Sunday, 14 August 2005, michuk
This chapter is all about getting Linux and installing it on your computer. It’s quite easy and can take usually from 20 to 40 minutes to get it running. Of course before installing Linux you first have to download it from the Internet or buy it in a store. Multiple ways of getting Linux will be explained here as well.
Three important facts about using Linux on desktop first:
- GNU/Linux can be installed on the same hard drive together with other operating systems like MS Windows. Of course it can be also installed on a separate drive, as well as on other devices, even a USB stick!
- In order to use Linux you can either install it on disk or use a Live-CD to try it live without the need for installation
- You can download most of the Linux distributions for free from the Internet. However, there are some Linux-based systems that are not free of charge. You should first check this before installing it on your HD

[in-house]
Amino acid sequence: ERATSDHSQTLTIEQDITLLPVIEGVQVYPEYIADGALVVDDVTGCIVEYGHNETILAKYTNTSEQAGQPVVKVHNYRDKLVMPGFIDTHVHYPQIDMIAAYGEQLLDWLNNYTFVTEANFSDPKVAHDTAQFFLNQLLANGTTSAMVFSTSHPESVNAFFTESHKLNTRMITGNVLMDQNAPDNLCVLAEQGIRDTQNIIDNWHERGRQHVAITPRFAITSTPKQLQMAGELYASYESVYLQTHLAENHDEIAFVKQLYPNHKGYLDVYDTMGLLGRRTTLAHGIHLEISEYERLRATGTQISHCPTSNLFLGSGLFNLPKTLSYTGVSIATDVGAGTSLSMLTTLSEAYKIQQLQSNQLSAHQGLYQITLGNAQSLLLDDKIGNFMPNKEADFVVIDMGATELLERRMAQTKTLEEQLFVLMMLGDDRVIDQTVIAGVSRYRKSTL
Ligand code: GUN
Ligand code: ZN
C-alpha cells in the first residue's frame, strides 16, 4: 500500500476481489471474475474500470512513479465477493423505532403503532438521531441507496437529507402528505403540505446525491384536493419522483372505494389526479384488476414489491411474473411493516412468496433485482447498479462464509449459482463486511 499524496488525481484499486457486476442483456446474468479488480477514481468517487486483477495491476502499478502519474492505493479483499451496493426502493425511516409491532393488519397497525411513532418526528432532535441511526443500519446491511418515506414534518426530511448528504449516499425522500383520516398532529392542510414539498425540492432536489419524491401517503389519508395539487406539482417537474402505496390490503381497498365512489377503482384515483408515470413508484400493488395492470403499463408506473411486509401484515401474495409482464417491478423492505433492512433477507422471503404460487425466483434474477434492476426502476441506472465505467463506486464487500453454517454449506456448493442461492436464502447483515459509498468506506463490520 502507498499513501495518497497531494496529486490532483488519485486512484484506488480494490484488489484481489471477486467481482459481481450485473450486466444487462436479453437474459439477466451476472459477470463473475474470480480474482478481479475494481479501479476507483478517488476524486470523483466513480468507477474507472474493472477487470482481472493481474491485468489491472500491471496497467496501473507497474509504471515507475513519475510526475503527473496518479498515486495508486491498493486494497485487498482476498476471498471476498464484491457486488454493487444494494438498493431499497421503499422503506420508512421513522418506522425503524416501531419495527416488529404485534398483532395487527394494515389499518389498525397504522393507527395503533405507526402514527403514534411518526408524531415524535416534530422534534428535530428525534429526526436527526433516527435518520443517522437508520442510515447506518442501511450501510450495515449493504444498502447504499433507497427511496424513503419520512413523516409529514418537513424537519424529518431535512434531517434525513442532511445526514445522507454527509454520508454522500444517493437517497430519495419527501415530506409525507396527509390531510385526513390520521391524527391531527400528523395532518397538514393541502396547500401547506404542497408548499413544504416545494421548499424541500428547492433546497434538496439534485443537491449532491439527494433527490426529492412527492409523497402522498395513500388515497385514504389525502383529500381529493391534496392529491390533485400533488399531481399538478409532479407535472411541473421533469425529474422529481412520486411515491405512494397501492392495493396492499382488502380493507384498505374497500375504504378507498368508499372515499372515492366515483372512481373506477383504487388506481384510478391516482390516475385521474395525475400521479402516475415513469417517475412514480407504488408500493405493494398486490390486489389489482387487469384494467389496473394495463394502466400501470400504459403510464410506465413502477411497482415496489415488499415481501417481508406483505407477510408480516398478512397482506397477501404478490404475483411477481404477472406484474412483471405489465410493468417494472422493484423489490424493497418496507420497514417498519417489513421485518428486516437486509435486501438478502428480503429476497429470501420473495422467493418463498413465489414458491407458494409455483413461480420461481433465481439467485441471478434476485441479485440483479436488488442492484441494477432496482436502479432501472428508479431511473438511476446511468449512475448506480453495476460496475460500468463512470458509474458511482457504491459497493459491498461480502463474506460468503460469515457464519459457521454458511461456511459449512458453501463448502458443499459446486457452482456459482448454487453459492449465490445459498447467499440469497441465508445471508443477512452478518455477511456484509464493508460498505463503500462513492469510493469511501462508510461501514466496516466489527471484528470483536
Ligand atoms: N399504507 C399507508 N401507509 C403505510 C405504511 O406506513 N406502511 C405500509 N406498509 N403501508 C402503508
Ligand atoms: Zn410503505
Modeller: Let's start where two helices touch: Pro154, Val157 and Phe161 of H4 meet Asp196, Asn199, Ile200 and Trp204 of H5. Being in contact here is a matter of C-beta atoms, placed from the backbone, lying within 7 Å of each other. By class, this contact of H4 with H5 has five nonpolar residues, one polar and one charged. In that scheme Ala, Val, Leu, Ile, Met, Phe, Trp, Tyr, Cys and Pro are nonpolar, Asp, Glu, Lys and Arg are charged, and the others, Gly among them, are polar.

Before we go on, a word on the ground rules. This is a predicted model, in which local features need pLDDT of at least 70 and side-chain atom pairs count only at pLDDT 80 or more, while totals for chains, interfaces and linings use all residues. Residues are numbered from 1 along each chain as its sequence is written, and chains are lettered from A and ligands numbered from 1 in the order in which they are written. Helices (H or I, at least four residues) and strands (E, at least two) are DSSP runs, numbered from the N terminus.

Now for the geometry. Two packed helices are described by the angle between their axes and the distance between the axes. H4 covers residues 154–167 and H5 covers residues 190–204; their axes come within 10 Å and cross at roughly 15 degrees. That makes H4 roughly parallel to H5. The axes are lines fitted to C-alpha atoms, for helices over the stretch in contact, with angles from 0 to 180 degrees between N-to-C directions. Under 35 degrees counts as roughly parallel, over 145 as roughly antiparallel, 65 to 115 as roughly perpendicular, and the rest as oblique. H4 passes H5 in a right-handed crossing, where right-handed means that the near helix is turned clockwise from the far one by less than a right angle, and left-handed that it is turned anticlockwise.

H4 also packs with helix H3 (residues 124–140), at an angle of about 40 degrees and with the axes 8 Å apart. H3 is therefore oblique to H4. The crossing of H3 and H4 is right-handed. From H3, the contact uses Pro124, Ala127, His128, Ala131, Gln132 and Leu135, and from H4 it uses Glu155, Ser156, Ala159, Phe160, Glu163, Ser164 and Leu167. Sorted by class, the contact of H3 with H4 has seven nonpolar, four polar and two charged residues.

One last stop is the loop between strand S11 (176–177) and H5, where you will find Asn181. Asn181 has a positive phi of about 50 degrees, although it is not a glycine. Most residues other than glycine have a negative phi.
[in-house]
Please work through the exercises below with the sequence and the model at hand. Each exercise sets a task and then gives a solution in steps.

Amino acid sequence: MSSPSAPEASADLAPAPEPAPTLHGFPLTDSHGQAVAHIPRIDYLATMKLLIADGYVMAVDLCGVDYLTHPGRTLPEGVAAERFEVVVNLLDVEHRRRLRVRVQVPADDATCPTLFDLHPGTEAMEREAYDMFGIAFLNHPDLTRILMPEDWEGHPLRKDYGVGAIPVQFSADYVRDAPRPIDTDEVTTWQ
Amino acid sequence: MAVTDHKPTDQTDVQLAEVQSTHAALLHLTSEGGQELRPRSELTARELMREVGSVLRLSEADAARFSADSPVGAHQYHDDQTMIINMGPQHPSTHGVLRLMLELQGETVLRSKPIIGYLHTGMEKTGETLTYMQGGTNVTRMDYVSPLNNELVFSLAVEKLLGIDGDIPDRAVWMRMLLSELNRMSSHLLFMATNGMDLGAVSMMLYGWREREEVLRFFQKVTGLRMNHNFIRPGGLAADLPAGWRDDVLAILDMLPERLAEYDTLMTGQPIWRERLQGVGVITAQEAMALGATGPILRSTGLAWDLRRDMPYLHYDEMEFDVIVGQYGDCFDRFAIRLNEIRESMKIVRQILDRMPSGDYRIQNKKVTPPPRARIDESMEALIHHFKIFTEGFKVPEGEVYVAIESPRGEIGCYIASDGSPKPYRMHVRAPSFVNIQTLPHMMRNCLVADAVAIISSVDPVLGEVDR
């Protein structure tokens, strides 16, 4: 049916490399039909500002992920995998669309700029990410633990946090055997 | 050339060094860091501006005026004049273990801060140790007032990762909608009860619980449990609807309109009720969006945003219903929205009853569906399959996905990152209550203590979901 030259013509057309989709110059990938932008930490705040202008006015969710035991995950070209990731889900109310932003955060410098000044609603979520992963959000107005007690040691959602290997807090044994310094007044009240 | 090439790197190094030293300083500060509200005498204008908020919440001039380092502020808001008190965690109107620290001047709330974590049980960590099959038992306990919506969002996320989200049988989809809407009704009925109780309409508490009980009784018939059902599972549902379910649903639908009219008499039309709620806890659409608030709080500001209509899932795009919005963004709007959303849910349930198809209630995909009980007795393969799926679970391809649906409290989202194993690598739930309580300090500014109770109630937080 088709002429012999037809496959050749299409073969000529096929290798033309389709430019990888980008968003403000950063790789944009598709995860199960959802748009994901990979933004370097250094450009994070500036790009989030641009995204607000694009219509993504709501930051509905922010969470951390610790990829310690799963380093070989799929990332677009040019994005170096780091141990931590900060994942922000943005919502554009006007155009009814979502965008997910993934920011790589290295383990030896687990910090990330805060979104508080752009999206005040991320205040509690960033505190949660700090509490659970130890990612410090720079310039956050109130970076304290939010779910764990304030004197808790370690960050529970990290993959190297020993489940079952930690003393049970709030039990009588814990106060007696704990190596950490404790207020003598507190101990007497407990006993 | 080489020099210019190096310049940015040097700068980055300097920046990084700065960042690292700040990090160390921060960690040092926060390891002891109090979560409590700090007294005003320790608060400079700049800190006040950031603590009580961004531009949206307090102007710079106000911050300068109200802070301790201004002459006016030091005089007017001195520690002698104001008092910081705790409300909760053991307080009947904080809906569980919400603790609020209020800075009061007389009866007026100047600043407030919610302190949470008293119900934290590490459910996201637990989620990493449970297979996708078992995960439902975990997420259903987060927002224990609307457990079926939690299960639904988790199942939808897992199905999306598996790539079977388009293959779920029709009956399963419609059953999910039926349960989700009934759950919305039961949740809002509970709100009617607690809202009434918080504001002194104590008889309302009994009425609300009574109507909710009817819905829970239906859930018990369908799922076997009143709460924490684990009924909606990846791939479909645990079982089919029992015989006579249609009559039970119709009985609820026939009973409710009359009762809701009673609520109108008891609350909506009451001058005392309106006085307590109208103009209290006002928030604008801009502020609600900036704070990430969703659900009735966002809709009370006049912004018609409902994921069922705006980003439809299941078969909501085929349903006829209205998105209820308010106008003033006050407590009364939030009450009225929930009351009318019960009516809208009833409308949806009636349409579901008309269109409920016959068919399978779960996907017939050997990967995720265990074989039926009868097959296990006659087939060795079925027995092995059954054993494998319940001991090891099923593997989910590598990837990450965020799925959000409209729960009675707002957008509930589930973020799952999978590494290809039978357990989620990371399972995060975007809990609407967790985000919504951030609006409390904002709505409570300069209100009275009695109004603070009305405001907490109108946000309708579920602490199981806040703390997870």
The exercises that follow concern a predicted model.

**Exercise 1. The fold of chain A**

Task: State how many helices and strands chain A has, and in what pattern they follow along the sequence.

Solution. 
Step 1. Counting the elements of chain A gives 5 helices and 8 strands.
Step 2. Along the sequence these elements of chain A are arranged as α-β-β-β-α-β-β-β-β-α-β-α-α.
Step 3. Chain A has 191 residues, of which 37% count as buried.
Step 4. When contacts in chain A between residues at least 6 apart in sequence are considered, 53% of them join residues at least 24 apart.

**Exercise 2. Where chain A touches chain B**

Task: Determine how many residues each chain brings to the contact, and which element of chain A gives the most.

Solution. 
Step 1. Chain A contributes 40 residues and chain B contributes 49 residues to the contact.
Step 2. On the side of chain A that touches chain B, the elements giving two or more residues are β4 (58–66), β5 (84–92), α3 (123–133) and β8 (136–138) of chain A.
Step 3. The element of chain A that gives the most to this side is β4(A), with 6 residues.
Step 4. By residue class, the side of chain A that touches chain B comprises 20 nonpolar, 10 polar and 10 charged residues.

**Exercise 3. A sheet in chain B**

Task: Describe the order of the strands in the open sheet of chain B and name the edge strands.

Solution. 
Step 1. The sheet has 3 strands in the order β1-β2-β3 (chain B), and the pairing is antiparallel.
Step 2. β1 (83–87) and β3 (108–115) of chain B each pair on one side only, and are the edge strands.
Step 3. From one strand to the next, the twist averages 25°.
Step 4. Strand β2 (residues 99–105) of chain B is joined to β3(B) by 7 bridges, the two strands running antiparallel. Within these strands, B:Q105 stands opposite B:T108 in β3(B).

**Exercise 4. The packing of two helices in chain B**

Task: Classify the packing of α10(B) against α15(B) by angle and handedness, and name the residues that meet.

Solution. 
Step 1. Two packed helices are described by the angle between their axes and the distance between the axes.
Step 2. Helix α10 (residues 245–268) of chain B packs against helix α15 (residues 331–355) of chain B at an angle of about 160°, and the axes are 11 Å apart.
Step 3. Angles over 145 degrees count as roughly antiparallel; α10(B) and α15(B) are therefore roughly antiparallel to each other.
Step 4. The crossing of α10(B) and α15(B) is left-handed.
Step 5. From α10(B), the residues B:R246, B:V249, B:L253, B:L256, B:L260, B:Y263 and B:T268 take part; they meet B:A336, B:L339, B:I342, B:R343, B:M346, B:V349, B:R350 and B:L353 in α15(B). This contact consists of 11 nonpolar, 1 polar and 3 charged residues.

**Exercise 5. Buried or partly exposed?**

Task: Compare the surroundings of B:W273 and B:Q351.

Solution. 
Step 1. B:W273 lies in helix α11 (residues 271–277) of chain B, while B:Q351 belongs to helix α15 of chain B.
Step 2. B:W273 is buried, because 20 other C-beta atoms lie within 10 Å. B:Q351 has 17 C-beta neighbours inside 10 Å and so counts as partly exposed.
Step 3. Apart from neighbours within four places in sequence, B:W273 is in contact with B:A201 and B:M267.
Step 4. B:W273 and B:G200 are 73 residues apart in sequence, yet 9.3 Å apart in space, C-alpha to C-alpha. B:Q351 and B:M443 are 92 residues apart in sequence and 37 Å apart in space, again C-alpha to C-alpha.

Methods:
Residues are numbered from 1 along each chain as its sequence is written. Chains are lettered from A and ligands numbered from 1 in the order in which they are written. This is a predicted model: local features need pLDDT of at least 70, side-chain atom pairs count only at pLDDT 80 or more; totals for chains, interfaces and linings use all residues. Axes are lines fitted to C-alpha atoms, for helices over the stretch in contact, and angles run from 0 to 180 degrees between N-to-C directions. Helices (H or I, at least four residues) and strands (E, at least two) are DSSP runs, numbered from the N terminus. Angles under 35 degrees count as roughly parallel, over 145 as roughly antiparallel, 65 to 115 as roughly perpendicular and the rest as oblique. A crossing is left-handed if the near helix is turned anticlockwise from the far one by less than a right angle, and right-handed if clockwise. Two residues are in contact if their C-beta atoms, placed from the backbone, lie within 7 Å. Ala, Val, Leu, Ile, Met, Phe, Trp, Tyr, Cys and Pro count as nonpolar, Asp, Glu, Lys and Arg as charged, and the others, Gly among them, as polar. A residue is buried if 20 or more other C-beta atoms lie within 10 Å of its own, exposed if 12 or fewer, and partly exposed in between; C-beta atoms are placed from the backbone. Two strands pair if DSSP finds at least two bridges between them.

You should not be afraid of installing Linux since the installation process of the most user-friendly distibutions is fairly easy even for a complete beginner. And it’s certainly easier to set up a working Linux workstation than a Windows one. In Windows you need to install multiple applications after the system itself is installed. Linux comes with most of the apps you will need for your every-day activities pre-installed and ready to use.
Still, you have to watch out when you install Linux on a hard drive with other operating system installed. Read all the installer’s instructions carefully. This way you won’t hurt yourself and your important data (which should be backed up anyway, just for caution).
And last but not least, be prepared for a long learning-curve. Linux is easy to set up but some things, like getting your WiFi adapter to work or getting some Windows-only applications to work under Linux, may be tricky and time-consuming. If you’re happy with Windows, don’t go for Linux, unless you just like troubles